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Samsung Active 2 is cheaper than the Apple Watch

Preorders for Samsung’s newest smartwatch start Sept. 13 for less than $300, but it might take a while to get FDA clearance.

Samsung has unveiled the Galaxy Watch Active 2 smartwatch just six months after the Galaxy Watch Active was released at the Galaxy S10 event in February, and two days before its expected Note 10 launch event. It’s not common to get a sequel in the same year as the original, but Samsung is bending the rules. Just like the company’s Note phone and Galaxy S phones have two different launch cycles, so too do Samsung’s watches. The Active 2 may cost $80 more that the first-gen Galaxy Watch Active ($279 for the cheapest 40mm non-LTE version vs. $199 for the original), but it definitely seems like the better deal. Though they look similar, the Active 2 has more features. It has new ECG sensor (which isn’t medically cleared yet), improved heart rate and an accelerometer. There’s an LTE option (price pending), and it brings back the spinning outer dial that we loved on older Galaxy watches. But in this watch it’s a haptic-response touch bezel instead of a physical one.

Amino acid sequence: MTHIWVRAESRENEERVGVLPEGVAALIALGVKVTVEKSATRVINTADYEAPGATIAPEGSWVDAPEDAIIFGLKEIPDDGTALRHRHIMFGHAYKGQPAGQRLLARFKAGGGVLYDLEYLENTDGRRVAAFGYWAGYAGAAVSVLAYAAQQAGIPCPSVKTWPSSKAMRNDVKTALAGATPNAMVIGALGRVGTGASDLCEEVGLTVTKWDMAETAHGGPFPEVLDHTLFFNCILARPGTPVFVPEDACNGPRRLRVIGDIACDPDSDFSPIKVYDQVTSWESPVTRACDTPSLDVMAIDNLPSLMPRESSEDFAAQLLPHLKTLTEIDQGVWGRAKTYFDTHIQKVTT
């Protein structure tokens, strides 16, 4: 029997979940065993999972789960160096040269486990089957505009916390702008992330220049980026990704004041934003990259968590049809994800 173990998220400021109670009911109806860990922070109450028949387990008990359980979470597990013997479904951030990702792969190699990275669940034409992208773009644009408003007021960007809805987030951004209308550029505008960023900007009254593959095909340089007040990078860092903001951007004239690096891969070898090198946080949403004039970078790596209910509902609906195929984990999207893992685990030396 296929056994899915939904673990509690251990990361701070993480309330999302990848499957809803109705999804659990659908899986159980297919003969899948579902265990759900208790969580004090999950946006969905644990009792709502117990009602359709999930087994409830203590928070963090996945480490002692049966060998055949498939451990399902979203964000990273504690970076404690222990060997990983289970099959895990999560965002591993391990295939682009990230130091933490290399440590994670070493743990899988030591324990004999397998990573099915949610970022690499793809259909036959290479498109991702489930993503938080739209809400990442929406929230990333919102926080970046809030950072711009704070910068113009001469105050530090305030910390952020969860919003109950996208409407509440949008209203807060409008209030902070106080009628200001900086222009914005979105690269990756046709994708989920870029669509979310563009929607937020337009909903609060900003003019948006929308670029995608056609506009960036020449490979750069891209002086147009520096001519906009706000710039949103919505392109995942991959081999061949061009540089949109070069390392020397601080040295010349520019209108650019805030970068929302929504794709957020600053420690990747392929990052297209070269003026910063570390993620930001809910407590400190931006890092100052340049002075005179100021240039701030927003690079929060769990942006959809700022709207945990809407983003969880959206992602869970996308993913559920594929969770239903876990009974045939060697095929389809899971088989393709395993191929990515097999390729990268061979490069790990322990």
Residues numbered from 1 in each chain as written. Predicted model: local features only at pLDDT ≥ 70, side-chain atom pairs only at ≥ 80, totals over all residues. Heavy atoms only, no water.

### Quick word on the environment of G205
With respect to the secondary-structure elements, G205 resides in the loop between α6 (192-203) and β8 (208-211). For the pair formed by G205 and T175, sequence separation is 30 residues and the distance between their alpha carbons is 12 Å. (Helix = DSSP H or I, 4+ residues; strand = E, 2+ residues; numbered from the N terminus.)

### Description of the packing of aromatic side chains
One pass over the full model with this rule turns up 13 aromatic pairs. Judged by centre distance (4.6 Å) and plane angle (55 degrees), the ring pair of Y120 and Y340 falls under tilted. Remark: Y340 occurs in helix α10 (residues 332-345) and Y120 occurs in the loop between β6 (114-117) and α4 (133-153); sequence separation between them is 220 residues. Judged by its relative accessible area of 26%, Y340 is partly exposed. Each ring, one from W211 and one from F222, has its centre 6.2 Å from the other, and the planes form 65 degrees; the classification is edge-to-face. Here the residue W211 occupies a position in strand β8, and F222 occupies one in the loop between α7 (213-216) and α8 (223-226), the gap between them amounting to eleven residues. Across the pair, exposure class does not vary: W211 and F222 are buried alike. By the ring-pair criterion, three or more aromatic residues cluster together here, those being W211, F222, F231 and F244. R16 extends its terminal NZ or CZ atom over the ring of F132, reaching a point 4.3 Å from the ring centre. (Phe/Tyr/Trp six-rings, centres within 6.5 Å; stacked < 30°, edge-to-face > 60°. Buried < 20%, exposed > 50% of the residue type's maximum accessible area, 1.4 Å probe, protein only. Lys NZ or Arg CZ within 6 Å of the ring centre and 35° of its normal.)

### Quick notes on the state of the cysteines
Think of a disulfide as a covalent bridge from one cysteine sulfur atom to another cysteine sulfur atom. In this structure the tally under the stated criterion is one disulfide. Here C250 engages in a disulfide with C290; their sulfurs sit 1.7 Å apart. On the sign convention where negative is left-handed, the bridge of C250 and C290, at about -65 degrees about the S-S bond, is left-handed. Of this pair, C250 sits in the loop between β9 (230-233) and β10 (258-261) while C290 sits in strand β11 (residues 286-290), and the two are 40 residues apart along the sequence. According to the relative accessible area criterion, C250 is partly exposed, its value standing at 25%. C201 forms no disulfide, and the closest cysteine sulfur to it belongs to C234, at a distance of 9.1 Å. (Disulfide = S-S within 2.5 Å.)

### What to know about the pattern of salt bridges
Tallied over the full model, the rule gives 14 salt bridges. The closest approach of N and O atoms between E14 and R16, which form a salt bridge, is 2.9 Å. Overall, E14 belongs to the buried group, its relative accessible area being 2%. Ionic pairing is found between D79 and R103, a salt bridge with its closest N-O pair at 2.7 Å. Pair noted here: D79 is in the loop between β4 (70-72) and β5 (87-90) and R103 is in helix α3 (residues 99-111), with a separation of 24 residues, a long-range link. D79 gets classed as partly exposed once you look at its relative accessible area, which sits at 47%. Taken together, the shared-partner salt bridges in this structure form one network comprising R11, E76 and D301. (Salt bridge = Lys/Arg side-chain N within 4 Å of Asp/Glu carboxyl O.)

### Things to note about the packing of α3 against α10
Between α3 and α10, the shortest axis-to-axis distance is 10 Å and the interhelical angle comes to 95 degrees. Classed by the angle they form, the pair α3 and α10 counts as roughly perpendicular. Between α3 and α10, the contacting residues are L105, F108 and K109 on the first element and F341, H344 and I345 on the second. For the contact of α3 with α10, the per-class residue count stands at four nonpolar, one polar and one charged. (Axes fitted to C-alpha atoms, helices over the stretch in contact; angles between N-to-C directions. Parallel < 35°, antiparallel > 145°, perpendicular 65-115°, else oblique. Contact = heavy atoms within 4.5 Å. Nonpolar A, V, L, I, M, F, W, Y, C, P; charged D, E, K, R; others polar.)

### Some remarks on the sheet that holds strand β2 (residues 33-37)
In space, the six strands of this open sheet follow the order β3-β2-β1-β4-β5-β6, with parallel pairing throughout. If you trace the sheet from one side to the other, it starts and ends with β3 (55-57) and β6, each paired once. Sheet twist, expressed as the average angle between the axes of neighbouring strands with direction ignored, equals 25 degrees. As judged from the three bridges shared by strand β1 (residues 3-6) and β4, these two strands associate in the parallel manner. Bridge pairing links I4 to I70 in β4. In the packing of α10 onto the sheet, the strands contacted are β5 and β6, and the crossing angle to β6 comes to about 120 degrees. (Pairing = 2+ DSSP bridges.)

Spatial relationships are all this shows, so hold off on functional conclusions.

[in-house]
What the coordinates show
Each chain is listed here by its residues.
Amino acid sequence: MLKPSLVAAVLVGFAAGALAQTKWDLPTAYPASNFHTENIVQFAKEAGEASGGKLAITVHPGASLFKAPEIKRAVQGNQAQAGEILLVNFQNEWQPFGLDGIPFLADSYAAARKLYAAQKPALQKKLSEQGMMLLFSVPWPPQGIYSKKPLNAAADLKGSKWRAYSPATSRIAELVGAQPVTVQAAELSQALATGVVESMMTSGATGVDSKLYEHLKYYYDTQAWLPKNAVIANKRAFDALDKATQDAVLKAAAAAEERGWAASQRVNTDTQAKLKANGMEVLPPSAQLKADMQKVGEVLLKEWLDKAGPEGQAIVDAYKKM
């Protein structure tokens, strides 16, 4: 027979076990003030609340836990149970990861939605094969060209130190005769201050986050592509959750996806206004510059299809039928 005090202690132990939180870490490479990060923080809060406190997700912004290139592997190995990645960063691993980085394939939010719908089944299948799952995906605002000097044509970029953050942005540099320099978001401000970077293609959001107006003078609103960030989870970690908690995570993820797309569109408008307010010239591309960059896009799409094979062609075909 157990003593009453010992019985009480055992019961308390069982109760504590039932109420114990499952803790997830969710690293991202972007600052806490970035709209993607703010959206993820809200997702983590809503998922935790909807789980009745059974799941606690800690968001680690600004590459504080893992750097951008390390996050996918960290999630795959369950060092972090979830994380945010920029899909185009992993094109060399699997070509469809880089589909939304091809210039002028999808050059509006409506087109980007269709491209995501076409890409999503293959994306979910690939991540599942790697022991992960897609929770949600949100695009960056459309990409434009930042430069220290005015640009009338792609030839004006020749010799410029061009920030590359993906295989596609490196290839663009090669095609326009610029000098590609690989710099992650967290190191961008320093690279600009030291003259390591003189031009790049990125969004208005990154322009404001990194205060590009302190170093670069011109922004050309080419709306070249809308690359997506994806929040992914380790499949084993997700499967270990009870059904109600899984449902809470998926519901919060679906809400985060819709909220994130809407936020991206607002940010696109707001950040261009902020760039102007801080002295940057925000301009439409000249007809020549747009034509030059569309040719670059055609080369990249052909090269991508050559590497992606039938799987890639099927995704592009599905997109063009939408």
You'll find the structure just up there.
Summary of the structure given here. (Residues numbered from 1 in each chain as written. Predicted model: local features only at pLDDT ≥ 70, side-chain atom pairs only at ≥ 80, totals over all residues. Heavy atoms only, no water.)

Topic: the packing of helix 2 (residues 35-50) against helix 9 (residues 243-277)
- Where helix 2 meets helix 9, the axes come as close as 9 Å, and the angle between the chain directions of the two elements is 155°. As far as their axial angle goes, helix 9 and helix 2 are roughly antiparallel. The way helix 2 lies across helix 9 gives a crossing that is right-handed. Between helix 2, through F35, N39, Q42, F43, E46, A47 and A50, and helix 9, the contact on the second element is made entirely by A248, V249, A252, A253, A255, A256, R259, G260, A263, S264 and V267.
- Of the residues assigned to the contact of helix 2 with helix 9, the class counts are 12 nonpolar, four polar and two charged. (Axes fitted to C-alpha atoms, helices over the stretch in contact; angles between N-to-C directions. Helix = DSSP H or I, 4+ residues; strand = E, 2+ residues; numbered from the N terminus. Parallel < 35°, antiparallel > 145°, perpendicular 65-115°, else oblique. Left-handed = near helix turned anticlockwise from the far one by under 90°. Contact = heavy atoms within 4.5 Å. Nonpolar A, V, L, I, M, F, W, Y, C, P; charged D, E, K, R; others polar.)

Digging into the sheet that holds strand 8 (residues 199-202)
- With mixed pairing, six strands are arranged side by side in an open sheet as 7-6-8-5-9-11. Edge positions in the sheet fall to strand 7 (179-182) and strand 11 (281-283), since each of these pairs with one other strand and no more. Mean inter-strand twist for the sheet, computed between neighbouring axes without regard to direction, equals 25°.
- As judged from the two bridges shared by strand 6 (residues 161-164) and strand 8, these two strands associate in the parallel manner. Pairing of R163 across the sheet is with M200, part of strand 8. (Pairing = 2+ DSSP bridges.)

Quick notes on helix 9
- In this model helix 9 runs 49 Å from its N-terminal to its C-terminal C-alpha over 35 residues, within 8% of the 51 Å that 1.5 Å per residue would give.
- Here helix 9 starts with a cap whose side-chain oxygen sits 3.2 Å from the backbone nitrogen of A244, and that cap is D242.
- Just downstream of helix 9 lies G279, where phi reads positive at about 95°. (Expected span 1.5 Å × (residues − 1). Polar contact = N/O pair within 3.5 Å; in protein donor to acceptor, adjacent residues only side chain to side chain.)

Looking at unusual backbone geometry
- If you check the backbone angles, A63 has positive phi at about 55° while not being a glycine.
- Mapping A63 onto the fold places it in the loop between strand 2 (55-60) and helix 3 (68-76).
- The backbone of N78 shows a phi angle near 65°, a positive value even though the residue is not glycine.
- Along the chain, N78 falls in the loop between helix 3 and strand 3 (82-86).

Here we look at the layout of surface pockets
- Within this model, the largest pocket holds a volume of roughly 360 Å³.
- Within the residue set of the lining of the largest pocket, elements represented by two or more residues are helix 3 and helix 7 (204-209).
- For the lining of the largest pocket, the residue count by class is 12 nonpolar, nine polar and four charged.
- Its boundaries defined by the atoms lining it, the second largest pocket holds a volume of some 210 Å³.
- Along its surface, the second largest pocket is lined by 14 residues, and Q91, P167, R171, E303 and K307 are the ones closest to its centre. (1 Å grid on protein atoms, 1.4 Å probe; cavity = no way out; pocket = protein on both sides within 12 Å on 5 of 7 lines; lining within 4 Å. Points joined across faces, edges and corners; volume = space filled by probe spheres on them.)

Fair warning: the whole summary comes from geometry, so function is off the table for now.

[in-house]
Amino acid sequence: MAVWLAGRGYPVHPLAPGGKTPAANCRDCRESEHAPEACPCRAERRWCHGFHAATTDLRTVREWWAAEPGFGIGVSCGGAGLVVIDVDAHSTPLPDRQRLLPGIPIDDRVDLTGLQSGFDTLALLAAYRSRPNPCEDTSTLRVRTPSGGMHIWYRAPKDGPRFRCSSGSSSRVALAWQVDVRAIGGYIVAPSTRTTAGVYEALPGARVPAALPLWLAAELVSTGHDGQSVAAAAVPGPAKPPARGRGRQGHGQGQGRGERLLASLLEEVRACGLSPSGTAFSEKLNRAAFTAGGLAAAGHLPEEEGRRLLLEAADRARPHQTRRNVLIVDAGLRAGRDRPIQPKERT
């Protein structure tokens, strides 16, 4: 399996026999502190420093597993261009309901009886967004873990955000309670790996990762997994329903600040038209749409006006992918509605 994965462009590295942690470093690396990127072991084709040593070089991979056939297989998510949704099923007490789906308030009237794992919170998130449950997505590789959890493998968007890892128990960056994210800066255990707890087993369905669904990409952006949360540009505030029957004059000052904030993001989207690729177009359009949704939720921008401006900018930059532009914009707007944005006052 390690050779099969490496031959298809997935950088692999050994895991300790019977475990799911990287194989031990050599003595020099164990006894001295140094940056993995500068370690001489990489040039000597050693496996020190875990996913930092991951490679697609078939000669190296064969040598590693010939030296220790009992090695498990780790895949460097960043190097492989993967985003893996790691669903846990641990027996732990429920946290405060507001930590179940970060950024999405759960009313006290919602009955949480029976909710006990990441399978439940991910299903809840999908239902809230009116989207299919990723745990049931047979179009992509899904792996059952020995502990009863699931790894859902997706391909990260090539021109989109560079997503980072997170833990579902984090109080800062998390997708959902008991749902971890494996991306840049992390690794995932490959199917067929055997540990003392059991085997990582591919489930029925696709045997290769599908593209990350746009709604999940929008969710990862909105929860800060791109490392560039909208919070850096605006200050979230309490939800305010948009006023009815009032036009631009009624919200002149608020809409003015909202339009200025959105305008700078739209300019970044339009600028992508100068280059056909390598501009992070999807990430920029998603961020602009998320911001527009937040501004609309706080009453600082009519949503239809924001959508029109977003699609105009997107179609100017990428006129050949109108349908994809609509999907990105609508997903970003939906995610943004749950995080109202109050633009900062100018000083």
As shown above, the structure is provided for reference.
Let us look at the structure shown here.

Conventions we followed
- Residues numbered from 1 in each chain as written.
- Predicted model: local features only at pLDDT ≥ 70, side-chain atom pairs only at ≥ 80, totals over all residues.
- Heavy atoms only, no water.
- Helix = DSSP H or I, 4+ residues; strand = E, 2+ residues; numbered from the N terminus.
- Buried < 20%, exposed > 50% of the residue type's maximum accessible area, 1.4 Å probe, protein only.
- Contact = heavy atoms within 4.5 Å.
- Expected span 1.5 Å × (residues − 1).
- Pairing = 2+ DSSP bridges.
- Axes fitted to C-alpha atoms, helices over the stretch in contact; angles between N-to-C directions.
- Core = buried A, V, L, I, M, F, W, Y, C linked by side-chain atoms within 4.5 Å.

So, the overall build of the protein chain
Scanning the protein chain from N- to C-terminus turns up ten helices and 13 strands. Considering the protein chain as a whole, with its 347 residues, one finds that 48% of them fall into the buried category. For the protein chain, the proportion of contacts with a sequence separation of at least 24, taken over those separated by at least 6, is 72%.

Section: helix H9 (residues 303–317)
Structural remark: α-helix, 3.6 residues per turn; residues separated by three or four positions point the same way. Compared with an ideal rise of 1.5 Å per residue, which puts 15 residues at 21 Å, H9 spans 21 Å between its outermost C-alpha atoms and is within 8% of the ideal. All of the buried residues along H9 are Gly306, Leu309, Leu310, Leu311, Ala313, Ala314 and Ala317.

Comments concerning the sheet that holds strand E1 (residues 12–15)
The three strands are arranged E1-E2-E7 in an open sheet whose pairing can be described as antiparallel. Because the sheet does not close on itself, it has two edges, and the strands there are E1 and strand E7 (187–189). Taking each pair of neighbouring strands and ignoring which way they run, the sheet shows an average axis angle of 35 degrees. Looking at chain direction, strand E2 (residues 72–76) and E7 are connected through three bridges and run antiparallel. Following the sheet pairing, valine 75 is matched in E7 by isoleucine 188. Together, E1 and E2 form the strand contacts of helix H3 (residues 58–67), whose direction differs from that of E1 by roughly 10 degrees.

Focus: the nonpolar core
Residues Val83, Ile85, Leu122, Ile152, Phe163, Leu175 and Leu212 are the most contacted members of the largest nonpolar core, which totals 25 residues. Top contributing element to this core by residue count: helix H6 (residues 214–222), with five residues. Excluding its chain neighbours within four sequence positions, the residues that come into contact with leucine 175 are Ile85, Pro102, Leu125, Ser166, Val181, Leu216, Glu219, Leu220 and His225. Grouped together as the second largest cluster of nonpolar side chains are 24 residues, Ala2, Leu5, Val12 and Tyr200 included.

The newest Active watch goes on sale Sept. 13, likely right up against the next expected Apple Watch, and Samsung will continue to sell the discounted Active until further notice. 

A few design upgrades on the Active 2

The Watch Active 2 is a bit bigger and thicker than the Watch Active, but it now comes in two sizes:  40mm ($280) and 44mm ($300) models. It still manages to be more compact than the 2018 Galaxy Watch, which Samsung is also going to keep selling alongside these models. It comes in black, silver, gold and “lily gold,” which replaces the green option in the previous model. You’ll also have the choice between an aluminum frame with rubber straps or a stainless steel frame with leather straps.

I wore the Watch Active 2 in both sizes and peeked at the LTE model. Aside from these small changes, it still has the same appeal as the original: It’s compact, well-built, minimal and attractive. 

Samsung Galaxy Watch Active 2

I like the haptic touch bezel more than a physical bezel

Using the new touch-sensitive edge controls on the Active 2, I could swipe around easily with minimal finger motion. Of course, you can also just swipe the screen, making the edge control a bit redundant. But the edge control feels easier for certain tasks. The haptics are nice and strong, and the clicking feel gives some solid feedback to make it feel “real.”


Touching the bezel to give the watch a spin. It has a definite “click” feel thanks to haptics.

ECG… when?

Samsung’s built an electrocardiogram into Watch Active 2, which will allow timed one-lead readings of heart rate and heart rhythm to spot for possible arrhythmia, much like the Apple Watch Series 4. Note that doctors in the US usually call these EKGs, rather than ECGs, but it’s the same thing.

The feature isn’t active on the watch, or medically cleared yet, so it’ll essentially be useless for most people for the time being. Samsung is inviting medical institutions to start doing research with it, but there’s no concrete timeline for an official launch or for any kind of FDA clearance.